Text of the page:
On the first night of last week’s Democratic National Convention, Anastasia Somoza, a disability rights advocate, stole the show, noting the “invisibility” millions of Americans with disabilities often feel, and reinforcing the need for unity that was the Convention’s intended theme. Hillary Clinton reminded Convention-goers of Somoza’s speech again as she accepted the Democratic presidential nomination. Somoza’s powerful speech was the most prominent of several efforts Convention organizers have made to highlight Americans with disabilities.
These efforts may have been in response to Donald Trump’s apparent mockery of a reporter with a disability earlier in the campaign. But they also reflect recognition of America’s changing voter demographics.
Voters with disabilities are what I’ve referred to as the “ticking time bomb of the electorate.” They have specific needs that the system currently does not address adequately, yet they are a growing demographic — up to 35 percent of voters in the next 25 years will need some type of accommodation to cast a ballot.
The connection between voting rights and disability rights is unfortunately understudied, but it’s nothing new. According to my research, since at least the early 19th century, citizens with disabilities were denied the franchise because they were viewed as “inferior” — much the same justification used to block African Americans and women from the polls.
The legacy of that discrimination is still with us. In the last presidential election, the Census Bureau reported that turnout among individuals with disabilities was 56.8 percent, compared with 62.5 percent for the rest of the eligible population. But those turnout figures understate the wide-ranging barriers to voting that Americans with disabilities — 1 in every 5 of us — face.
Take voter registration, a requirement for voting in every state but North Dakota. Voter registration imposes multiple hurdles for voters with disabilities. It starts with an antiquated system that relies on voters getting and submitting paper forms, which can be burdensome for Americans with mobility and visual disabilities, among others. That problem is exacerbated by the frequent failure of public-assistance agencies to prioritize accessible voter registration options, despite being required to by the National Voter Registration Act.
More generally, voter registration often does not meet standards of accessibility. State online voter registration options, for example, are frequently difficult to navigate with the screen readers used by many Americans with visual or cognitive disabilities.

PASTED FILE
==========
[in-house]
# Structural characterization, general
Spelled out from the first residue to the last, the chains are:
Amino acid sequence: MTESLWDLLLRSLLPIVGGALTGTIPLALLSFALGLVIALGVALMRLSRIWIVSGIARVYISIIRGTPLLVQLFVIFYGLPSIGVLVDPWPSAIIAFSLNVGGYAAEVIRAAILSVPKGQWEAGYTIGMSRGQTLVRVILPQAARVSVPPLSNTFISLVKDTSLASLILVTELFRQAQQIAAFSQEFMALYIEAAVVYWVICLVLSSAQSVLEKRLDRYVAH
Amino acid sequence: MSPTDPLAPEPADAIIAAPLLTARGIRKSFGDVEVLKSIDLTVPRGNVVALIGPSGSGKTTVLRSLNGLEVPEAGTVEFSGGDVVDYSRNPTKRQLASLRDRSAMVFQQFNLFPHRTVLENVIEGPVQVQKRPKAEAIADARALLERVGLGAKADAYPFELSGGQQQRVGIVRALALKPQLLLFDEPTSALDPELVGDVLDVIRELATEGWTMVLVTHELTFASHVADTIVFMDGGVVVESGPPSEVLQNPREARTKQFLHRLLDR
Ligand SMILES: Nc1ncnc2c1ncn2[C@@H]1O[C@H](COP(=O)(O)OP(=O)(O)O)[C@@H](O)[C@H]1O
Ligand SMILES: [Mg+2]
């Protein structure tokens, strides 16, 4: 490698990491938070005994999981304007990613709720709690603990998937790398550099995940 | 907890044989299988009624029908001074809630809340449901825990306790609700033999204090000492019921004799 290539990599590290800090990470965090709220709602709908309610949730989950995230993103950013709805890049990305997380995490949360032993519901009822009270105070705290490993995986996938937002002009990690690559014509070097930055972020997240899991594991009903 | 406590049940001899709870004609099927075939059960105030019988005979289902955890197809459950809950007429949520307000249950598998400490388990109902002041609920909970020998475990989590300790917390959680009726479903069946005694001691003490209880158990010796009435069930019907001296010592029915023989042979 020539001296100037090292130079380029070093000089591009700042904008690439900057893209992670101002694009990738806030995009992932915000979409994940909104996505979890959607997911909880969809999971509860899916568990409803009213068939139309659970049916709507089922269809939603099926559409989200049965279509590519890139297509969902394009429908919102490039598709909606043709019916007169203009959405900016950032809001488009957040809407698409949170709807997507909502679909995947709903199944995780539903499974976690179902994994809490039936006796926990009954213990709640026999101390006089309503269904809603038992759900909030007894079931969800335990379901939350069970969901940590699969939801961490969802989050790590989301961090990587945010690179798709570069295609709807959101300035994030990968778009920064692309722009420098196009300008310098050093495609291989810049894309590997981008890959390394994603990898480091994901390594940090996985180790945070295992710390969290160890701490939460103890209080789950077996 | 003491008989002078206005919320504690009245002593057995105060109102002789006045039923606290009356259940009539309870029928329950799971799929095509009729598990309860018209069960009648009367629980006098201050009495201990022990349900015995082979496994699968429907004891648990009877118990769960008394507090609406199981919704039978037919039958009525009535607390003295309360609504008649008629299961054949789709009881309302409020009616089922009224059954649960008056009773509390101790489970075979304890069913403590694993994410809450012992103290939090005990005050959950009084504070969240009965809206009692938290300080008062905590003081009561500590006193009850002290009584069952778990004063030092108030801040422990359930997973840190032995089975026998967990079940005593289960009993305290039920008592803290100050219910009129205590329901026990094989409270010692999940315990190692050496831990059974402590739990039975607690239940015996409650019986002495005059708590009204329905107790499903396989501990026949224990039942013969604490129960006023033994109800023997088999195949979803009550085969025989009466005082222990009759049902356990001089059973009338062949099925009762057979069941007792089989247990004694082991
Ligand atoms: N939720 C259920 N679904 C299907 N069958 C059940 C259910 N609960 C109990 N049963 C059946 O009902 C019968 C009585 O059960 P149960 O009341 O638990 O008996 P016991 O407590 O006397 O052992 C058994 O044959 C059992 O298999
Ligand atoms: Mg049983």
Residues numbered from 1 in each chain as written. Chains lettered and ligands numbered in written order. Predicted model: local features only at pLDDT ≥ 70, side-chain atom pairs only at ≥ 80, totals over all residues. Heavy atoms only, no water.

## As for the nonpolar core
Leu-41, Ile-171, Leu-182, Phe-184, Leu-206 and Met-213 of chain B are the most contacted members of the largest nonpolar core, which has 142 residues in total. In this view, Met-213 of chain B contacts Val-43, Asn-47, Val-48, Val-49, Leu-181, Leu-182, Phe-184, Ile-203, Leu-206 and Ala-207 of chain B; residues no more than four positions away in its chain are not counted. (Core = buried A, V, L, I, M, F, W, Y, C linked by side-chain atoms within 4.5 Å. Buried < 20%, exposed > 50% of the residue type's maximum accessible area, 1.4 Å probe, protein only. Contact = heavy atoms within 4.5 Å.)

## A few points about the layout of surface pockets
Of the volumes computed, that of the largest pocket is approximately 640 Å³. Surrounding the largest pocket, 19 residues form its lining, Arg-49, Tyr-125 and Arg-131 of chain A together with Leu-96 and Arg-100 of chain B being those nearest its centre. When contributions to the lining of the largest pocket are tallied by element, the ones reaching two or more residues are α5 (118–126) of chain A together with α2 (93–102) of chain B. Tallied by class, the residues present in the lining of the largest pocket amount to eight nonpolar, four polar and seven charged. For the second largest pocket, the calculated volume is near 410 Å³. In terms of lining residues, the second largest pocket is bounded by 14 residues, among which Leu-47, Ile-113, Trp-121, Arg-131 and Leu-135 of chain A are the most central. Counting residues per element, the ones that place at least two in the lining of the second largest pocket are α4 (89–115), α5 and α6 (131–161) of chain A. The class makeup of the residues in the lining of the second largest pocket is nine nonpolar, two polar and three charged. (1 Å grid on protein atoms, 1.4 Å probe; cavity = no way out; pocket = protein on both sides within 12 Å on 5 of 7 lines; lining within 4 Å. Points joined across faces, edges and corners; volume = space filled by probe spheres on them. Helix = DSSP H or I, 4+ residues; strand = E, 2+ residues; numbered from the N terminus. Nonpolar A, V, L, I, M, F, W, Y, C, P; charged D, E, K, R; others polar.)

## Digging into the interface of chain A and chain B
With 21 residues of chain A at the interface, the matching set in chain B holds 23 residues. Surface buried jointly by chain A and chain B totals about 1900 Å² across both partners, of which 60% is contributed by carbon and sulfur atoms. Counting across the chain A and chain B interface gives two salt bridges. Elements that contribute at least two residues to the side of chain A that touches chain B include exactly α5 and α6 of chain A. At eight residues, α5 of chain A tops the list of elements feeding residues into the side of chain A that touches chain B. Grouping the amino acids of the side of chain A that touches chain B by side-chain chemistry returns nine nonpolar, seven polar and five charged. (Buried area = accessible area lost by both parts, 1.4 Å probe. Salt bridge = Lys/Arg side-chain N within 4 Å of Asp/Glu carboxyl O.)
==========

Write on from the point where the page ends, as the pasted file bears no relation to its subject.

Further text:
Smart policies can reduce certain barriers to registration. Earlier this month, groundbreaking legislation was introduced in Congress to adopt automatic voter registration across the country. Under automatic registration, when eligible citizens seek services at government agencies (such as the DMV, Social Security offices, and others), their information is electronically sent to election officials, unless they “opt out” of registration. This reduces errors, increases security, and saves money. Switching to an opt-out structure takes advantage of our tendency to stick with the default option. The Brennan Center for Justice estimates this reform could add up to 50 million eligible voters to the rolls.
Automatic registration could help voters with disabilities in particular by decreasing our voting system’s reliance on paper forms and allowing them to register while already interacting with a government agency, rather than requiring a separate trip.
Moreover, the federal bill introduced would automatically register voters at a plethora of public-assistance agencies that regularly interact with voters with disabilities — not just those previously covered under the National Voter Registration Act.
The bill additionally requires that all voter registration services be offered in an accessible way. It mandates and funds public education that can and should be geared toward voters with disabilities to ensure they know how automatic registration will work.
More must be done for disabled voters — getting people registered is just half the solution. On Election Day, resources like mobile polling can make actually casting a ballot realistic for every voter.
National automatic registration is a huge first step. And just as government should take responsibility for automatically registering every eligible citizen, it should take responsibility for providing accessible options for voters with disabilities on Election Day. Making these two improvements to how voters with disabilities participate in our democracy shows the kind of leadership that, regardless of our political persuasion, we should all support.
Rabia Belt is a legal historian and assistant professor of law at Stanford Law School. Her research focuses primarily on the history of disability and the right to vote. She is currently working on a book entitled Disabling Democracy in America: Disability, Citizenship, Suffrage and the Law, 1819–1920.